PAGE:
March 19, 1840. San Antonio. The Council House.
Peace negotiations between Comanches and Texans erupts into a full scale battle: The Council House Fight. When the shooting stops thirty Comanches and seven Texans are dead.
Mary Mavarick was visiting her friend, Mrs. Higginbotham during the calamity.
She recalled in her memoirs:
"While I was there, Dr. Weideman came up to her grated front window, and placed a severed Indian head upon the sill. The good doctor bowed courteously and saying, "With your permission, Madam," disappeared. Soon after he returned with another bloody head."
Dr. Edmund Weideman, physician, scientist and profound eccentric claimed to be in Texas on behalf of the Tsar Nicholas I of Russia to investigate agricultural prospects. A learned gentleman of about thirty-five, a surgeon and polyglot.
Of course, Mrs. Maverick and Mrs. Higginbotham were curious as to why the good doctor would placed two severed heads on the window sill, so the inquired as to his motivation.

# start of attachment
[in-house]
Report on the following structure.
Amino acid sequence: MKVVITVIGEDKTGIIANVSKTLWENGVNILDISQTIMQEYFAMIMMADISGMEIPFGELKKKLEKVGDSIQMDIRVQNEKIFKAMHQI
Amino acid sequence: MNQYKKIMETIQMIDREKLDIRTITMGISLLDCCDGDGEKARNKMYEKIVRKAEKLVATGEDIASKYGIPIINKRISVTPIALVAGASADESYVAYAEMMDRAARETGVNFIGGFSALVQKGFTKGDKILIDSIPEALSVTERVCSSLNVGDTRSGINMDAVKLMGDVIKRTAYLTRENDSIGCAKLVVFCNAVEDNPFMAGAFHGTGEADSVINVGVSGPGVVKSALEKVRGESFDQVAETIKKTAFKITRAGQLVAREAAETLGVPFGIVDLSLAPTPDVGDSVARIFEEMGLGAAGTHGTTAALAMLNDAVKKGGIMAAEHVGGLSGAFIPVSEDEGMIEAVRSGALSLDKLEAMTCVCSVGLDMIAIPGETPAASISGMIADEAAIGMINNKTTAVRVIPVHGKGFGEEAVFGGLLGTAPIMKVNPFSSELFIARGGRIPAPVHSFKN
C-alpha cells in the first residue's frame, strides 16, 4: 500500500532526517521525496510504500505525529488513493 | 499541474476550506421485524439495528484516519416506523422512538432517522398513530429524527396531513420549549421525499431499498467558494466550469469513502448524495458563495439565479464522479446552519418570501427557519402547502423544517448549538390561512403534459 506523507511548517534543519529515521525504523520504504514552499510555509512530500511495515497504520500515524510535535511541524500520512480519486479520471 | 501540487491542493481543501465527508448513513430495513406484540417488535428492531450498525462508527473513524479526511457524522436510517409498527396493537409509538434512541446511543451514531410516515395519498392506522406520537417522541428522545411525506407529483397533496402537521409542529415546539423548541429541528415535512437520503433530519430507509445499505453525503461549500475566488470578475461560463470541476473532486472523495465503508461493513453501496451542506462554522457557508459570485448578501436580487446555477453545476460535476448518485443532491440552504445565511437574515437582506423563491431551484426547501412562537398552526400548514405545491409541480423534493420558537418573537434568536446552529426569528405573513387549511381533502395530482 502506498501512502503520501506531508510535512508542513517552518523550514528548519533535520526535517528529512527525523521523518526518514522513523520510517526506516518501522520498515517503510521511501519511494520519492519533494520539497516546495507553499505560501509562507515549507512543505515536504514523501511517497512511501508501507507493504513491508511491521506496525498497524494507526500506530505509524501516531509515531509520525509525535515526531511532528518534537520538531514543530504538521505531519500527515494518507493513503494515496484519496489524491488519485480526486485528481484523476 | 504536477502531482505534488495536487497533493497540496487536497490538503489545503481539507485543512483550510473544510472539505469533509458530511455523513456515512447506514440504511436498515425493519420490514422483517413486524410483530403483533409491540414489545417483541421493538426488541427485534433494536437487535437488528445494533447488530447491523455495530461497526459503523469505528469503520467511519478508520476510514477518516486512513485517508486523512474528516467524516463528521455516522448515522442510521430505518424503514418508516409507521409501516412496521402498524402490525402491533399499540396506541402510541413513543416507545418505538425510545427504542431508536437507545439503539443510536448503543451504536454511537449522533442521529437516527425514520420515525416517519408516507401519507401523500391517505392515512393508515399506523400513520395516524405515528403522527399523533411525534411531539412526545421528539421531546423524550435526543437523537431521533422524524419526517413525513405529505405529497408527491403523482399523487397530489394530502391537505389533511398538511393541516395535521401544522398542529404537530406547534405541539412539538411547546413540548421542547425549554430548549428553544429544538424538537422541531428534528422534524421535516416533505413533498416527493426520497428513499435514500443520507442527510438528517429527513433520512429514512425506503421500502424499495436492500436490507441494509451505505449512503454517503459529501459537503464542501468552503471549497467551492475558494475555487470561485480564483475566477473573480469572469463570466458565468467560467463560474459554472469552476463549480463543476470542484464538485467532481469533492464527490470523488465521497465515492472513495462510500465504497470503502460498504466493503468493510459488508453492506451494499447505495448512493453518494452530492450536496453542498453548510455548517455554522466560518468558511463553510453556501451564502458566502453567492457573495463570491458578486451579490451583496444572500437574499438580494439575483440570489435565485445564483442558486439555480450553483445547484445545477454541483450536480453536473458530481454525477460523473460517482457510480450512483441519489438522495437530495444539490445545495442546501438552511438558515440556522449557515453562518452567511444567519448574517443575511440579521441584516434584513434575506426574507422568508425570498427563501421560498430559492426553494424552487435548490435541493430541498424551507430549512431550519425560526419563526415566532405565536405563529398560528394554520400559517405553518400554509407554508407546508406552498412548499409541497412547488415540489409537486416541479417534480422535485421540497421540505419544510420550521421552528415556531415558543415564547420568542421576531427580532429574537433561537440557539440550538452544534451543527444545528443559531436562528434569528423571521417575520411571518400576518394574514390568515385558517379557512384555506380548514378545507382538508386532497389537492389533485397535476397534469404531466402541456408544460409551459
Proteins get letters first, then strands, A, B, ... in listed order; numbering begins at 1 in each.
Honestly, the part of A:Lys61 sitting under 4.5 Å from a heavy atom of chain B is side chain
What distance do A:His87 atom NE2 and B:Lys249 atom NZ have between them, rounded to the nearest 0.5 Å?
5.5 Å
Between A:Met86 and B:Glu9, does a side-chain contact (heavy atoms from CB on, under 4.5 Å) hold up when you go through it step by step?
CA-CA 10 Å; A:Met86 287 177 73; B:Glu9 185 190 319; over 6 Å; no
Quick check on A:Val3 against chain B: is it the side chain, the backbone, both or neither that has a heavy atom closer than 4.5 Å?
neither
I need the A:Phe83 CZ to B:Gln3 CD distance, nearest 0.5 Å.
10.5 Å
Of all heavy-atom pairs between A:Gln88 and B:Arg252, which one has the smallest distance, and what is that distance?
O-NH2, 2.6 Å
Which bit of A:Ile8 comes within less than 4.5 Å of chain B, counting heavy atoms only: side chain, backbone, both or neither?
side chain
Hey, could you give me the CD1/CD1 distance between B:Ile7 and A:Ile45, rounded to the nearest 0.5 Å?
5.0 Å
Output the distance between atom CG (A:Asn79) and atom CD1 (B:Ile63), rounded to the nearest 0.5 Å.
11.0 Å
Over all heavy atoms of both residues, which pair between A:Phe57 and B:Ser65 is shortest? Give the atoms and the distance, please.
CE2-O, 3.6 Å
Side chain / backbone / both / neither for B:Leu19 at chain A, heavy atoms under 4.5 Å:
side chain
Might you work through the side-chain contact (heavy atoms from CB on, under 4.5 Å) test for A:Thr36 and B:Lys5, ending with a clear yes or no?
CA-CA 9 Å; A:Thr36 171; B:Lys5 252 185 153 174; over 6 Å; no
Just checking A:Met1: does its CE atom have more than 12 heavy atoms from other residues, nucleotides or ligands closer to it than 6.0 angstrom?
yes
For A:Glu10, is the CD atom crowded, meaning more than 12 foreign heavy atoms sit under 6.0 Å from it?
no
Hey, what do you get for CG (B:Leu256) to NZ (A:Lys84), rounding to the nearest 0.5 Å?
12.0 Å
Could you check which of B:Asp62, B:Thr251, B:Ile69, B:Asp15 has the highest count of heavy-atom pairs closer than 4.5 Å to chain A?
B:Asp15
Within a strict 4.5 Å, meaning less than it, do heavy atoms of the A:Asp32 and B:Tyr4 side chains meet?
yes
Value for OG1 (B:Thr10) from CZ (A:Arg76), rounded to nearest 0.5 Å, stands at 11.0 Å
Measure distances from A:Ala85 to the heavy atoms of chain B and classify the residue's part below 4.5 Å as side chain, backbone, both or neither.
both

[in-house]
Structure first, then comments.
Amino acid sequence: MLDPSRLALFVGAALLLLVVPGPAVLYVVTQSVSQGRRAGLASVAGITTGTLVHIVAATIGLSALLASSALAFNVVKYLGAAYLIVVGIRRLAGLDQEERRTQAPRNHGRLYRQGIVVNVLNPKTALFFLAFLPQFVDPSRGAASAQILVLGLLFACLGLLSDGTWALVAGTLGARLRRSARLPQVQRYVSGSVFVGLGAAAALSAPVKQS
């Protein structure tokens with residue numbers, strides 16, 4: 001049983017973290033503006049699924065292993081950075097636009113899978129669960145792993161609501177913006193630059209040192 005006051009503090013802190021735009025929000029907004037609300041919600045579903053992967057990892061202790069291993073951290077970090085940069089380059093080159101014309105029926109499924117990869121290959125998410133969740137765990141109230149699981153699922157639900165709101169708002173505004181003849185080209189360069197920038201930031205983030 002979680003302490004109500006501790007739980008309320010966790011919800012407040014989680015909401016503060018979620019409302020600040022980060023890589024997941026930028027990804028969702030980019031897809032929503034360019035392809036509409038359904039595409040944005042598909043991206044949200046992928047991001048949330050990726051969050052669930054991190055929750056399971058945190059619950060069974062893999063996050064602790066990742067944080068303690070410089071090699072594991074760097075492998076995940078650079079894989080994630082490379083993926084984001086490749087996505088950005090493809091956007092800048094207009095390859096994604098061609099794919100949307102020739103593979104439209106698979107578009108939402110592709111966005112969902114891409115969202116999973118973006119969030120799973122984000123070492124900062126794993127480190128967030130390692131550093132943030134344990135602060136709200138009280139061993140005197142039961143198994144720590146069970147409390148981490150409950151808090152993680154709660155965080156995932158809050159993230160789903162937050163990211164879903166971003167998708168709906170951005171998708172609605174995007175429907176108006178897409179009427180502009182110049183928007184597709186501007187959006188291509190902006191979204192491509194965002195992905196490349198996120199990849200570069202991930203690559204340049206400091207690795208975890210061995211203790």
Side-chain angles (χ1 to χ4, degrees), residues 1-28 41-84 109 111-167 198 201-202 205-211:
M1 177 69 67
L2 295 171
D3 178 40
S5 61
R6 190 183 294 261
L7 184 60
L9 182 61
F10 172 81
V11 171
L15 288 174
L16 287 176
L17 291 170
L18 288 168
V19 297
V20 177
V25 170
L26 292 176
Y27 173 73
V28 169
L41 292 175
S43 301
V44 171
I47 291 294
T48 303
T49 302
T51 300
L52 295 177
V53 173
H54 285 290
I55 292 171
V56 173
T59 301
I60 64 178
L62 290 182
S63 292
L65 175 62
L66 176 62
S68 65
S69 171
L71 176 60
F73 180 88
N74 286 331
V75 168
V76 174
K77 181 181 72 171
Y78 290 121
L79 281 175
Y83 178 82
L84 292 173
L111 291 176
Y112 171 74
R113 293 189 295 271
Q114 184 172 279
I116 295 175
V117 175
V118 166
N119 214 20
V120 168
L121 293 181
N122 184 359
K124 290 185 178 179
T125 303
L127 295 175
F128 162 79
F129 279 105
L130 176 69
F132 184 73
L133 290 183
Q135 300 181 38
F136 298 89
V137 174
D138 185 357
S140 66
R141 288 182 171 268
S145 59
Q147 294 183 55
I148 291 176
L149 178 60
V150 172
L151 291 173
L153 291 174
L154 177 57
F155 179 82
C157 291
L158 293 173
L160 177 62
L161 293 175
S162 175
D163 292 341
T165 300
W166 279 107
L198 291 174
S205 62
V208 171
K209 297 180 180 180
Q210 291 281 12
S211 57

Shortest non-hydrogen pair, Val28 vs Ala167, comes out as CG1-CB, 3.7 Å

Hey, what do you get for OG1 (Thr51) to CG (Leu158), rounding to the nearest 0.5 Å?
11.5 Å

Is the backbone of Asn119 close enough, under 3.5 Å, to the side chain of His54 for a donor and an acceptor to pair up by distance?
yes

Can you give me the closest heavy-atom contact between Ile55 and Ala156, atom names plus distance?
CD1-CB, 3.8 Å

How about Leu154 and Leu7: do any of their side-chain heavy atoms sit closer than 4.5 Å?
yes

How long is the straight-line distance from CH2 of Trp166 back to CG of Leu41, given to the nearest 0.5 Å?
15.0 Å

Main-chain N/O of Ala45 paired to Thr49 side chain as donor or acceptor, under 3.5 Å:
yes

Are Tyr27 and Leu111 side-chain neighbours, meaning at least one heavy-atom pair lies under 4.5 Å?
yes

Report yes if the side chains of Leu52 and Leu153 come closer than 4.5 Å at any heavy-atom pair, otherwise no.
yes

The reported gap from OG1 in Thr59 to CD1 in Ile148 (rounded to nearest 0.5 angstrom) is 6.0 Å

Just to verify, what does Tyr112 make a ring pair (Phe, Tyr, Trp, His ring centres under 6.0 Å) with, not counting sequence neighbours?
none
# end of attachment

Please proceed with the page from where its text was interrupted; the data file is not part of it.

He explained that he had viewed all the dead Indians and selected those two heads for their beautifully formed skulls. He had also selected two entire bodies to preserve as specimen skeletons.
"I have been long exceedingly anxious to secure such specimens—and now, ladies, I must hurry and get a cart to take them to my house."
He erected the resulting skeletons in his garden and dared anybody to steal from him. He proclaimed that the spirits of the indians were under his enchantment and would tell him everything they witnessed.
The Mexican population of San Antonio would cross themselves when they saw Dr. Weideman coming. They believed he was in league with the devil.
Devil or no devil, Dr. Weideman was a competent physician. He saved numerous lives in and around San Antonio and would never accept payment for his services.
Mrs. Maverick tells us that San Antonio lost this medical benefactor around 1843. He was with a traveling party near Gonzales when he and his horse were swept away and drowned trying to cross a flooded Creek.
But is that really the end of Dr. Weideman's story? The 1866 city directory for Chelsea, Massachusets lists a Dr. Edmund Weideman of the appropriate age living in that city.
Perhaps this story will be continued.